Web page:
Vicia villosa Roth. - Hairy vetch

Taxonomic position.

Family Fabaceae Lindl., tribeVicieae, genus Vicia L.


Russian vetch, winter vetch.

Morphology and biology.

This is an annual (bi-annual) plant. It has an advanced root system: thin taproot and many lateral rootlets. Stalk is 2-6 mm in diameter, 80-200 cm tall, angled, densely pubescent, branching (3-10 shoots), lodging. Leaves paripinnate with 6-10 pairs of linear-lanceolate, oblong, blunt or pointed, green or greenish, glaucous leaflets, which terminate in tenacious multifid cirruses. Stipules are 5-8 mm long, semi-sagittal, sub-dentate; top stipules are lanceolate, integral. Leafstalk is 8-13 cm long, angulated, frequently coated with anthocyan. Inflorescence is long, multi-floral cluster (up to 25-35 flowers) in axil of top leaves. Flower stalk is longer than leaves. Calyx is bell-shaped, strongly curved, oblique, with dispersed pubescence. Flowers are papilionaceous, 15-18 (20) mm long. Corolla is bluish-violet, purple-violet, pink and sometimes white. Cross-pollinated, entomophilous plant, but self-pollination is also possible. Beans oblong-rhombic, wide and short, up to 4 cm long, up to 12 mm wide, light yellow or brown in color, thin-skinned, glabrous, with 4-8 spherical or slightly impressed seeds 2-5 mm in diameter. Seeds are black or brown in color, sometimes grey or olive-brown, with points or spots. Weight of 1000 seeds is 20-40 g. Grades include: Glinkovskaja, Lugovskaja, Siverskaja 2, Kaliningradskaja 6, Yubileinaja, Beregovaja mestnaja, Dneprovskaja, Stavchanka, Turkmenskaja mestnaja, Cheboksarka. Chromosome number: 2n=14.


The native land of this species is Southern Europe and Asia where the species grows as a wild plant. It had appeared in Russia by 1784 (from Latvia). Cultivation began in the beginning of the 20th century. In the countries of the former USSR, it is cultivated in small areas in Byelorussia, Moldova, the Baltic States, forest-steppe Ukraine, central Russia, the Northern Caucasus, and in Central Asia. It is distributed as far north as the Arkhangelsk area.


This plant prefers long days and is sensitive to changes in day length. Because it requires much light, in densely planted crops it branches poorly and drops leaves and inflorescences early. The most vigorous germination occurs at temperatures of 10-15°C. It is rather cold-resistant. It tolerates frosts and snow cover. Shoots and leaves do not die off in the winter; they growth together with new, more powerful shoots, which appear in the spring. Shoots may tolerate short-term drops in temperature up to minus 1-3°C. Optimum temperature during formation of hay cutting mass is 18-20°C. Seed maturity requires a sum of active temperatures of 1200-1300°C. General vegetation lasts 214-301 days. It is more drought-resistant than Common Vetch, but before flowering, it is sensitive to lack of moisture. During flowering and formation of beans, a surplus of moisture is undesirable. It is rather undemanding to soil. It grows better in well-fertilized soil with a light mechanical structure. It prefers sub-acidic and neutral soil (pH 5.9-6.3). Nodule bacteria develop on roots of this plant. It exists in summer, semi-winter and winter forms.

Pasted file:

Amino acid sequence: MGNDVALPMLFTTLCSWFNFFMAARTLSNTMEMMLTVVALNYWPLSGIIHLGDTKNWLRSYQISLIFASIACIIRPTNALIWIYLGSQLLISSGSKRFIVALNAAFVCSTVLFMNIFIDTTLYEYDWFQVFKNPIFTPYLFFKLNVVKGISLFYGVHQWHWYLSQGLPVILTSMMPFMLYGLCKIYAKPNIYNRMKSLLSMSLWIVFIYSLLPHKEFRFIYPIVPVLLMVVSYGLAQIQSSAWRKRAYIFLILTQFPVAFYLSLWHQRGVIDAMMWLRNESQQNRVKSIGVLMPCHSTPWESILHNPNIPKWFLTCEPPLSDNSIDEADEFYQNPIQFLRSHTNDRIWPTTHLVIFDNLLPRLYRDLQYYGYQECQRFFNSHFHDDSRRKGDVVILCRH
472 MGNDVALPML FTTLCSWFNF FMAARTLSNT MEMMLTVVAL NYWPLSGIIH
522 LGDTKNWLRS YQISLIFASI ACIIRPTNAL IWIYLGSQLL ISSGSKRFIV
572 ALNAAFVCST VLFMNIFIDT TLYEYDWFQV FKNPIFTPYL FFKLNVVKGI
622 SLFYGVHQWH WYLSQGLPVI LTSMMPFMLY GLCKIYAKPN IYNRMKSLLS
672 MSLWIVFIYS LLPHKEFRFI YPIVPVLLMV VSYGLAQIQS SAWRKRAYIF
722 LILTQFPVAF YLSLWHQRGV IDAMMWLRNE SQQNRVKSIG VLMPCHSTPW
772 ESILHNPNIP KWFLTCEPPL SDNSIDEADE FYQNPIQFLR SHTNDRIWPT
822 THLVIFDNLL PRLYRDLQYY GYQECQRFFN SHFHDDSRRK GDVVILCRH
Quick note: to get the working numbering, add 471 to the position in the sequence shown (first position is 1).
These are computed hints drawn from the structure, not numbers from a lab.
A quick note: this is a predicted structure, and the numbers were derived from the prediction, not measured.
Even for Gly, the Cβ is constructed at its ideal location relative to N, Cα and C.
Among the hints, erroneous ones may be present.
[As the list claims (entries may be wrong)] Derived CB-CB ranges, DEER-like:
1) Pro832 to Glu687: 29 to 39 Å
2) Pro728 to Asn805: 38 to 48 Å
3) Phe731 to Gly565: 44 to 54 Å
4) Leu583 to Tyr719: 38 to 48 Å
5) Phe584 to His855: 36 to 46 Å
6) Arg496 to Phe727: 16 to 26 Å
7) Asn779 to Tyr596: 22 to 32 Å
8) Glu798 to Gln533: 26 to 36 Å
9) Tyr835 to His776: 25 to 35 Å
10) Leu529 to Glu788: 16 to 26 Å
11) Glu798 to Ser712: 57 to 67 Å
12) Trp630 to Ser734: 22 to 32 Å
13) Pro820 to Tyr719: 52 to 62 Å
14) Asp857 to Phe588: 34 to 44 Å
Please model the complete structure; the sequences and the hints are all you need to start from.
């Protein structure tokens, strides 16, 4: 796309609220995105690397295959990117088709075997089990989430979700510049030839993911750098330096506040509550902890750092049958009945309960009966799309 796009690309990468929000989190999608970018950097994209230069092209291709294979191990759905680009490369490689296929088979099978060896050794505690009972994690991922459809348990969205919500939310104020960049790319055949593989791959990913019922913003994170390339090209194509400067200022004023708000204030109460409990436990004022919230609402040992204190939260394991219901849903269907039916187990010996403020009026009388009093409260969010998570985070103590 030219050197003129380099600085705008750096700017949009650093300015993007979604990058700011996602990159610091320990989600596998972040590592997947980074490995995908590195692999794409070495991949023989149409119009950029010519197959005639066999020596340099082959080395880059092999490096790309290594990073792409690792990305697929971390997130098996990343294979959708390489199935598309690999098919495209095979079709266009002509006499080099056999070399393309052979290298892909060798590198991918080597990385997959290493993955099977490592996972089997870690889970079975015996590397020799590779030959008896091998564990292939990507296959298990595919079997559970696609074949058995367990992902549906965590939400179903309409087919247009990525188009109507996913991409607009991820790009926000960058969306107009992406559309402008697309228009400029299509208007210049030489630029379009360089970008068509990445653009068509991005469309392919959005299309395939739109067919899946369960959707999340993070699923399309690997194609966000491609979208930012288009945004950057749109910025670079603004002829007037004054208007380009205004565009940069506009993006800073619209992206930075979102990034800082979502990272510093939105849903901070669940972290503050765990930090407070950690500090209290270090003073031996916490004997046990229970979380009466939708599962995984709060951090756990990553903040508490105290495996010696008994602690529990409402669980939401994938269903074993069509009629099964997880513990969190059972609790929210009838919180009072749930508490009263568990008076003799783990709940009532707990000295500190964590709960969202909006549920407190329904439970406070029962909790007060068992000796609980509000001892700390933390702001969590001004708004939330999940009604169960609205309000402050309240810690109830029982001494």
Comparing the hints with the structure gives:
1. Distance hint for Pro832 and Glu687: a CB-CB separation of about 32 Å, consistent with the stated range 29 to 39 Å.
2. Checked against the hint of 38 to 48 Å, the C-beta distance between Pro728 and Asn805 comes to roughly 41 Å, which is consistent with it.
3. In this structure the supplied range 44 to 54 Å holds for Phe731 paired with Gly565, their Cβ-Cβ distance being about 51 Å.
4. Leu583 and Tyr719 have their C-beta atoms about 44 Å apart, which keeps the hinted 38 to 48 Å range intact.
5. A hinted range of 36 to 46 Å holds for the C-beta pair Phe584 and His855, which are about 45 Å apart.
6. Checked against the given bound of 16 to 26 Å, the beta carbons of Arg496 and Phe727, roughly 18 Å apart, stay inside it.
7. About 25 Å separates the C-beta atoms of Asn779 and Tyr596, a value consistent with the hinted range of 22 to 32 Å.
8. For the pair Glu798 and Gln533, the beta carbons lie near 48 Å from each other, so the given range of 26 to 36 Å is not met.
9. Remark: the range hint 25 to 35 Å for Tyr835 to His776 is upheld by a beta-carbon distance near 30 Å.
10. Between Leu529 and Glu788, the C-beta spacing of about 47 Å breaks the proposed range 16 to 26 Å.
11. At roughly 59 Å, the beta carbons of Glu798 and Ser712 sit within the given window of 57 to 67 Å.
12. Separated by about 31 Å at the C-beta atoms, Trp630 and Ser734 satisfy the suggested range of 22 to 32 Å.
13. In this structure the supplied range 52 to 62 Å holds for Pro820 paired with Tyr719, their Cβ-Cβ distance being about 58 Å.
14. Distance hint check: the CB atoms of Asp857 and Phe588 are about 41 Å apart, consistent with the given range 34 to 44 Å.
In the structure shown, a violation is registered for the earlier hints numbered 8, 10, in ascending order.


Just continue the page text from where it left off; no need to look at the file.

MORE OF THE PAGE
Economic use.

This valuable fodder plant is usually planted with early green forage and hay and is used as green fertilizer. Seeds contain 32.8% protein; green mass contains 18.4% protein. Productivity of green mass at the beginning of flowering is 5-8.5 tons per hectare; later in the season, productivity reaches 20-30 tons per hectare; productivity of seeds is 0.4-0.9 tons per hectare. May produces two solid hay crops. It is cultivated in a mix with supporting cultures, including rye, winter wheat and rape.

Reference citations:

Korenev, G.V., Kostromin, V.M. 1975. Hairy vetch. Moscow.
Korenev, G.V., Zhitinm J.I., ShChedrina, D.I. 1990. Hairy vetch. Lucerne. Voronezh.
Kurlovich, B.S., Rep'ev, S.I., eds. 1995. Genofund and selection of grain leguminous cultures (lupin, vetch, soya, string bean). Theoretical bases of selection. V. 3. St. Petersburg.
Leokene, L.V. 1964. Common vetch and Hairy vetch. Leningrad.
Rep'ev, S.I. & A.K. Stankevich. 1999. Cultural flora. V. 4, Part 2. In: Rep.ev S.I., ed. Vetch. St. Petersburg. 183, 370-376 p.
Shtan'ko, K.T. 1958. The biology of Hairy vetch. Scientific notes of Petrozavodsk University. V. 9. Number 3. Biology and agricultural sciences. 57-66 p.
Suvorov, V.V. 1959. Hairy Vetch. Leningrad.
Vehov, V.N., Gubanov, I.A., Lebedeva, G.F. 1978. Cultural plants of the USSR. Moscow.

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